What is thyroid disorder?
Thyroid disorder is a medical condition that affects the function of the thyroid gland. The thyroid gland is a butterfly-shaped organ located at the front of the neck. It produces thyroid hormones that travel through the blood to help regulate many other organs, such as the heart, brain, muscles and skin. Thyroid hormones also affect metabolism, growth, development and body temperature.
Thyroid disorder occurs when the thyroid gland produces too much or too little thyroid hormones. This can cause various symptoms and complications, depending on the type and severity of the disorder.
What are the types of thyroid disorder?
There are several types of thyroid disorder, each with different causes and effects. Some of the most common types are:
- Hyperthyroidism: This is when the thyroid gland produces too much thyroid hormones, causing the body to use energy too quickly. Hyperthyroidism can be caused by an autoimmune condition called Graves’ disease, thyroid nodules (benign or malignant growths), thyroiditis (inflammation of the thyroid) or excessive intake of iodine or thyroid
- Hypothyroidism: This is when the thyroid gland produces too little thyroid hormones, causing the body to use energy too slowly. Hypothyroidism can be caused by an autoimmune condition called Hashimoto’s thyroiditis, iodine deficiency, surgical removal or radiation treatment of the thyroid, congenital defects or certain
- Thyroid nodules: These are lumps or growths that form in or on the thyroid Most nodules are benign (noncancerous) and do not cause any symptoms. However, some nodules can be malignant (cancerous) or produce excess thyroid hormones.
- Thyroid cancer: This is a rare type of cancer that originates from the cells of the thyroid Thyroid cancer can cause symptoms such as a lump in the neck, hoarseness, difficulty swallowing or breathing, or swollen lymph nodes.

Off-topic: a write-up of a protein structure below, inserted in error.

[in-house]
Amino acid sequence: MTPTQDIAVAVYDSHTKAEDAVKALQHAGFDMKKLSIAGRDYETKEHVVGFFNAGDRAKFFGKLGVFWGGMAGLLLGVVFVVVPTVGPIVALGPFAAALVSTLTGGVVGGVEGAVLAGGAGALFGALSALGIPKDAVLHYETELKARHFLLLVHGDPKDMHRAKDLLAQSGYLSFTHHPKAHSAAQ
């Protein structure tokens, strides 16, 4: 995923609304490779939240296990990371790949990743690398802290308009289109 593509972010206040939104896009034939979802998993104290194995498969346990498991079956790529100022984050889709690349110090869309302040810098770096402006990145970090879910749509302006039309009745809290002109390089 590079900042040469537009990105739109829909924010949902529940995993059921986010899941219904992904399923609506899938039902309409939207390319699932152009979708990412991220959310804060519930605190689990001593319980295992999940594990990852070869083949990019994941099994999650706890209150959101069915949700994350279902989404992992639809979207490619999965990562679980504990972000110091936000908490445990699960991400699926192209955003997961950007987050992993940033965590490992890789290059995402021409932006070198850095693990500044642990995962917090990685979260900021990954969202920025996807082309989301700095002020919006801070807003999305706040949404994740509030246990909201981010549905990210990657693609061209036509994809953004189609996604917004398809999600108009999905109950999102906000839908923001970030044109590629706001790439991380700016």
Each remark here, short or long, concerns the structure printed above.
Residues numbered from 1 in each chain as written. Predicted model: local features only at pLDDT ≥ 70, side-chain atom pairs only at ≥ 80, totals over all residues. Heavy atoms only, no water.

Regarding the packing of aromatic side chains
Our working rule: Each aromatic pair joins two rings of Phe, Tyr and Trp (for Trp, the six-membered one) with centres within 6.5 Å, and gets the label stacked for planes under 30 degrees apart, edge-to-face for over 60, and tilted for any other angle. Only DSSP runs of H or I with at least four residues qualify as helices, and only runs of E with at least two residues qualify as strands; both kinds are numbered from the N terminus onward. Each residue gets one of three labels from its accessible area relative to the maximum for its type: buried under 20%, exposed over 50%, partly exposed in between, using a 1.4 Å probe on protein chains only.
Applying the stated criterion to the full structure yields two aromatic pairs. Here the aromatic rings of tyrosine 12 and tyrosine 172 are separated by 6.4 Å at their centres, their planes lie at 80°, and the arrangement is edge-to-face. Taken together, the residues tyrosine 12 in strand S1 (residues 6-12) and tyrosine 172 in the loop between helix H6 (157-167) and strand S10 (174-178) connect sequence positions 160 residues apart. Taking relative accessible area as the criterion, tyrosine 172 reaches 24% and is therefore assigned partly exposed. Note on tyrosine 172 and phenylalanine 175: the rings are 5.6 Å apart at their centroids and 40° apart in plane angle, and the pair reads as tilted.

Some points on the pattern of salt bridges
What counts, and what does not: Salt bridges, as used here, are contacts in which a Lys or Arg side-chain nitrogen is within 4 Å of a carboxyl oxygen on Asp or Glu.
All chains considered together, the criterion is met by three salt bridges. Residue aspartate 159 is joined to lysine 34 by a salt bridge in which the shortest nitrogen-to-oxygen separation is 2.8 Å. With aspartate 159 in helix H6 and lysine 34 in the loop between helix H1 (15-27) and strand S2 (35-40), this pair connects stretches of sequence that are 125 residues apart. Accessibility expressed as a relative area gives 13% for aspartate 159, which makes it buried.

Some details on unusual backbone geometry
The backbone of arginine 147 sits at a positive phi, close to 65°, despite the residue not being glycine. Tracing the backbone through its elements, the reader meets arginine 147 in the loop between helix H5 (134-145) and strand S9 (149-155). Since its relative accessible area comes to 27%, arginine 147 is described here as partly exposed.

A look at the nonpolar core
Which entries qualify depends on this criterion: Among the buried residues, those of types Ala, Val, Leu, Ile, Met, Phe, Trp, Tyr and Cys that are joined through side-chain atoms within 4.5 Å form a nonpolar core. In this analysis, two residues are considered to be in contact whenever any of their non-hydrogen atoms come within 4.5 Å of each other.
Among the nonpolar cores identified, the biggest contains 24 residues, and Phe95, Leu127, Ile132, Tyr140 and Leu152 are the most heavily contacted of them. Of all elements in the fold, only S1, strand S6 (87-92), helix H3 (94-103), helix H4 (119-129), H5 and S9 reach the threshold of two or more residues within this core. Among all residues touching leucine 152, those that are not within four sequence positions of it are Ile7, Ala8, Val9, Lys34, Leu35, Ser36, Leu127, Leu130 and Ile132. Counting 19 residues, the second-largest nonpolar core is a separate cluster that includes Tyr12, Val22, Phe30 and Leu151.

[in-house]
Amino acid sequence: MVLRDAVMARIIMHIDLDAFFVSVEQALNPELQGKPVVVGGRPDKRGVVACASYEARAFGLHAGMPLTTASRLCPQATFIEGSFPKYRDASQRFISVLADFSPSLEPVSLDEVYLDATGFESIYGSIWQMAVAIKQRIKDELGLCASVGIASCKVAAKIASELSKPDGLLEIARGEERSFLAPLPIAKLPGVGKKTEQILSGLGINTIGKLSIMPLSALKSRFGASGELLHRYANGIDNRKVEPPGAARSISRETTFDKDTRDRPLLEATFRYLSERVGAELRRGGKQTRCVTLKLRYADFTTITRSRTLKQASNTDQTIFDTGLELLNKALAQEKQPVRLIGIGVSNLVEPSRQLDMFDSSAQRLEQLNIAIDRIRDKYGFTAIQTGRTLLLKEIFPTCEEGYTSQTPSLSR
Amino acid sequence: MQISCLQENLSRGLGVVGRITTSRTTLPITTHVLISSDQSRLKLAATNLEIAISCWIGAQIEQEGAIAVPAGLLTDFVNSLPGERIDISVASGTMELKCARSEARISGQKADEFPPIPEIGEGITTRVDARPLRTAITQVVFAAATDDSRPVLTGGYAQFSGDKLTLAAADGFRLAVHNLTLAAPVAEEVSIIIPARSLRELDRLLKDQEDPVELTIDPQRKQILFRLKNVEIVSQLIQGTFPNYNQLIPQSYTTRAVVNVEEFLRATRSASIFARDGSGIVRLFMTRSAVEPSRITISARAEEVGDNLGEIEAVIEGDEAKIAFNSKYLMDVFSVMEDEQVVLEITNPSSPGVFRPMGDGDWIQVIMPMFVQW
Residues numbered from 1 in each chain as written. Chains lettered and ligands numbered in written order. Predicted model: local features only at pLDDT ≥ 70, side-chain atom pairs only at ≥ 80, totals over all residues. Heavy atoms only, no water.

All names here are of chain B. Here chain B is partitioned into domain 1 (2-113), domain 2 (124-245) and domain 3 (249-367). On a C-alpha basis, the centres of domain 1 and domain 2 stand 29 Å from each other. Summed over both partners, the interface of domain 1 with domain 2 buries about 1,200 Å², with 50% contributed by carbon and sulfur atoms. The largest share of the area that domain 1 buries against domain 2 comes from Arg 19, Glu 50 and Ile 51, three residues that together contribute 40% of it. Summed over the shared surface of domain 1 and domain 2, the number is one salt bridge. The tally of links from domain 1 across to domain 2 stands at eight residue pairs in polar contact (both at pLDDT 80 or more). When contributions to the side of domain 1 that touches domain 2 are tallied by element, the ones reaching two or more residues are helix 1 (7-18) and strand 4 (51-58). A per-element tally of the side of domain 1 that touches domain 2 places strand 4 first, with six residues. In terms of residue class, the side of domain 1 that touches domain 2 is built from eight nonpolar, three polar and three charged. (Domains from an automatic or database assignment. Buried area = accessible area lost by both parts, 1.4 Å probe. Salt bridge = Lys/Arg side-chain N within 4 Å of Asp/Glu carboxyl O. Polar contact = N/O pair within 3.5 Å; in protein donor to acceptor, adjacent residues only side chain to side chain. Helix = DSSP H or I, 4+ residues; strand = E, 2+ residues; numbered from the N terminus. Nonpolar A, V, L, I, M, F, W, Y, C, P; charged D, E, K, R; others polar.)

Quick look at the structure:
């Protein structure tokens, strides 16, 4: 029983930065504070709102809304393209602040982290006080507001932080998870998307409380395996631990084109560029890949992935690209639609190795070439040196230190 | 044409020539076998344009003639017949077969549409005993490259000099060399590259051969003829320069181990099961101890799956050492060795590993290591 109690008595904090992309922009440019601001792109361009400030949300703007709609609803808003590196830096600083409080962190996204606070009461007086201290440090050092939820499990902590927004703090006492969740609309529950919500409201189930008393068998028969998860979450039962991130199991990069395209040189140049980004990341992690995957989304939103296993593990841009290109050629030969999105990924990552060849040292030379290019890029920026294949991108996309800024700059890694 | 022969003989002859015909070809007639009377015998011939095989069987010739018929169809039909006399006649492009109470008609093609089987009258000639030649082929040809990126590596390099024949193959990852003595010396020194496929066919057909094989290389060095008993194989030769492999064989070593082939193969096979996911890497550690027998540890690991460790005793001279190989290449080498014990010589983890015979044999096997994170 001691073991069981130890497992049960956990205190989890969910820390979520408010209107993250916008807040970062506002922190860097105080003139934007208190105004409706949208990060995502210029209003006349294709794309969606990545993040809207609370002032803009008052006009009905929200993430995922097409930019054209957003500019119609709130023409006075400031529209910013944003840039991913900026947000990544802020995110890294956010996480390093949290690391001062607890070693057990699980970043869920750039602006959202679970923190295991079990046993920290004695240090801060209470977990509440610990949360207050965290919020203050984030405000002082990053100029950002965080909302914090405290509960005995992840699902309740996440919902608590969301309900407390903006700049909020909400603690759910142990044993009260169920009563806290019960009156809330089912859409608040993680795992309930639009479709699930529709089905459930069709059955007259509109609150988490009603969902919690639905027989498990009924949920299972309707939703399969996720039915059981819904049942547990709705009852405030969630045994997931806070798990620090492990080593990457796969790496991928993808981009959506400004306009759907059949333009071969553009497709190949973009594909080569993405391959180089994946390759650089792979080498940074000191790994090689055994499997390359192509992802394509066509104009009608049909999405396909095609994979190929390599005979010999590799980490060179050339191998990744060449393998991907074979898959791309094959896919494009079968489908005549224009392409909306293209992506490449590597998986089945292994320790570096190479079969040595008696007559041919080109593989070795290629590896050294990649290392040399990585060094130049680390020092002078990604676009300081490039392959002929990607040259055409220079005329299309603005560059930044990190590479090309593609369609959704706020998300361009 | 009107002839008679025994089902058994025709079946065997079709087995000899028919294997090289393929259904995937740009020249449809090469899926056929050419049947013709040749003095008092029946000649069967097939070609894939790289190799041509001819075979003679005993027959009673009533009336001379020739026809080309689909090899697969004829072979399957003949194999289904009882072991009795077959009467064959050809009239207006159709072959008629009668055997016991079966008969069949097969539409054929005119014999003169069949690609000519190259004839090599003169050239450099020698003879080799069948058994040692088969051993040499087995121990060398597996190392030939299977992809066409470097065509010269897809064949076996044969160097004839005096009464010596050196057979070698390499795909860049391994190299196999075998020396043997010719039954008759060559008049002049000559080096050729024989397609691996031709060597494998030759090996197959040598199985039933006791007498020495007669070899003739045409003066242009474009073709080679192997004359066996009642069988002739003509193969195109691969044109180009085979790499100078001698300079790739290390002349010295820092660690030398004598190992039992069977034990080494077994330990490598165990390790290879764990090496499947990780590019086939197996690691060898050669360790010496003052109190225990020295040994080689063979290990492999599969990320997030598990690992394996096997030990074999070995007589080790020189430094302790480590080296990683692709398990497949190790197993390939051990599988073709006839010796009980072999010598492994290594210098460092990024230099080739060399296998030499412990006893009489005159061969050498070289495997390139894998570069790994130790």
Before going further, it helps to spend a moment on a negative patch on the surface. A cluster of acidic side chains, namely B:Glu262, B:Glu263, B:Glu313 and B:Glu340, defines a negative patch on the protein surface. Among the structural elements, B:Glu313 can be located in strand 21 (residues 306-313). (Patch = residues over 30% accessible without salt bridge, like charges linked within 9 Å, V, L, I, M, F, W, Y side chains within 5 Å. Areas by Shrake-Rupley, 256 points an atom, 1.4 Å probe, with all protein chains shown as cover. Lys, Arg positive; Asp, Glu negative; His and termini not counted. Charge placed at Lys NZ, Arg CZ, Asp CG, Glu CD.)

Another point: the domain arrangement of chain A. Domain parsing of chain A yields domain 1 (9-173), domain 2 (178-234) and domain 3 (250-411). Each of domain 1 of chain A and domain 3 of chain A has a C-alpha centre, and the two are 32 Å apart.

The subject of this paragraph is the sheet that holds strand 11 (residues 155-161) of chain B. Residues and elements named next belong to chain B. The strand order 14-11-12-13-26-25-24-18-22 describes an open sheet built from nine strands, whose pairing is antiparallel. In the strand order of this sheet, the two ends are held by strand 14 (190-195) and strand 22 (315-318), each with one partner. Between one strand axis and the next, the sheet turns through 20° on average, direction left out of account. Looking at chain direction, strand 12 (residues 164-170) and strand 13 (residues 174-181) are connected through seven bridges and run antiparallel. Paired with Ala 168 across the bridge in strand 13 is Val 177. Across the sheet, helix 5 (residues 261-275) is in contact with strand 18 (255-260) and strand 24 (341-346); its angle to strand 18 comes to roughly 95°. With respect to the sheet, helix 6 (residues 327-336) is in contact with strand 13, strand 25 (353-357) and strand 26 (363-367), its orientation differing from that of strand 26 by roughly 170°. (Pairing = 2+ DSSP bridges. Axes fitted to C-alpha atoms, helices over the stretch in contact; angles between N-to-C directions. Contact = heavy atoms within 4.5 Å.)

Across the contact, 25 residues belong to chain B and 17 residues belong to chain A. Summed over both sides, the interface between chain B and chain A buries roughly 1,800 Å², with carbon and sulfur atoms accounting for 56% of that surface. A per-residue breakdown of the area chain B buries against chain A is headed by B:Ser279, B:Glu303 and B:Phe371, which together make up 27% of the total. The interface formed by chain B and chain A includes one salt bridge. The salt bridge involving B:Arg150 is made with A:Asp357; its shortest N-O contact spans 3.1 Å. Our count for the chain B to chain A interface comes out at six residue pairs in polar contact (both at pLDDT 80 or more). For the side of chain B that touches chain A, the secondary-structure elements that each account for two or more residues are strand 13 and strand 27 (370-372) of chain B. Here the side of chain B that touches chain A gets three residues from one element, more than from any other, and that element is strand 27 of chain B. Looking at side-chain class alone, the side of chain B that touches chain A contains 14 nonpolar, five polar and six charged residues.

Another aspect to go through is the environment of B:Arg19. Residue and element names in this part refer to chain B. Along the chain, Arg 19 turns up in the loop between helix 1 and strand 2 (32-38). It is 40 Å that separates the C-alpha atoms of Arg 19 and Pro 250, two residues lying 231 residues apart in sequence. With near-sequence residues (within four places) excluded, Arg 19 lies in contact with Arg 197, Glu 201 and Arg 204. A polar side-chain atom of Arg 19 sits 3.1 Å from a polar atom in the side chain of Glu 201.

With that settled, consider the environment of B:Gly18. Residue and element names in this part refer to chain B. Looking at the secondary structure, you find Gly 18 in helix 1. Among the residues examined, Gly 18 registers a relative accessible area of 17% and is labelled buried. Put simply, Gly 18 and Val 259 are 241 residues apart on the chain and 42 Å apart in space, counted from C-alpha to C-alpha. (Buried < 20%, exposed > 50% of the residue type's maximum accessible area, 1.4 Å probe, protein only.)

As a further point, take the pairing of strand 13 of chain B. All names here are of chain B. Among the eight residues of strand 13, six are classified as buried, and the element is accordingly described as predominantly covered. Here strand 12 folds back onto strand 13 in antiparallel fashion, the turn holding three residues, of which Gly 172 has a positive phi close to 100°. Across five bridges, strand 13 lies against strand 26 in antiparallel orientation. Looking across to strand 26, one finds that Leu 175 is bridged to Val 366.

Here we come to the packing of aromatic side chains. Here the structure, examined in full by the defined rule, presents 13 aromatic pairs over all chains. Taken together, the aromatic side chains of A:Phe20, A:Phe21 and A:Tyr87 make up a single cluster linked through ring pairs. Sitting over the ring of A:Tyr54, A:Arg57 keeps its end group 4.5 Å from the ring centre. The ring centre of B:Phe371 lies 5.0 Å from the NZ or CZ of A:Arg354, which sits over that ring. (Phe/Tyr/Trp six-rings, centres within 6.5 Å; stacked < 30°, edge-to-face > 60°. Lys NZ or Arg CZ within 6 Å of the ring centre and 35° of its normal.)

- Thyroiditis: This is a general term for inflammation of the thyroid gland. There are different types of thyroiditis, such as Hashimoto’s thyroiditis, postpartum thyroiditis, subacute thyroiditis and silent thyroiditis. Thyroiditis can cause hyperthyroidism or hypothyroidism, depending on the stage and duration of the
What are the symptoms of thyroid disorder?
The symptoms of thyroid disorder vary depending on whether the thyroid gland produces too much or too little hormones. Some of the common symptoms are:
- Weight changes: Hyperthyroidism can cause weight loss, while hypothyroidism can cause weight
- Mood changes: Hyperthyroidism can cause anxiety, irritability and nervousness, while hypothyroidism can cause depression, fatigue and
- Heart problems: Hyperthyroidism can cause palpitations, high blood pressure and increased heart rate, while hypothyroidism can cause low blood pressure and slow heart
- Skin problems: Hyperthyroidism can cause warm, moist and smooth skin, while hypothyroidism can cause dry, coarse and cold
- Hair problems: Hyperthyroidism can cause thinning and brittle hair, while hypothyroidism can cause hair loss and dry
- Menstrual problems: Hyperthyroidism can cause irregular or light periods, while hypothyroidism can cause heavy or absent
- Fertility problems: Both hyperthyroidism and hypothyroidism can affect ovulation and sperm production, leading to difficulty conceiving or
How is thyroid disorder diagnosed?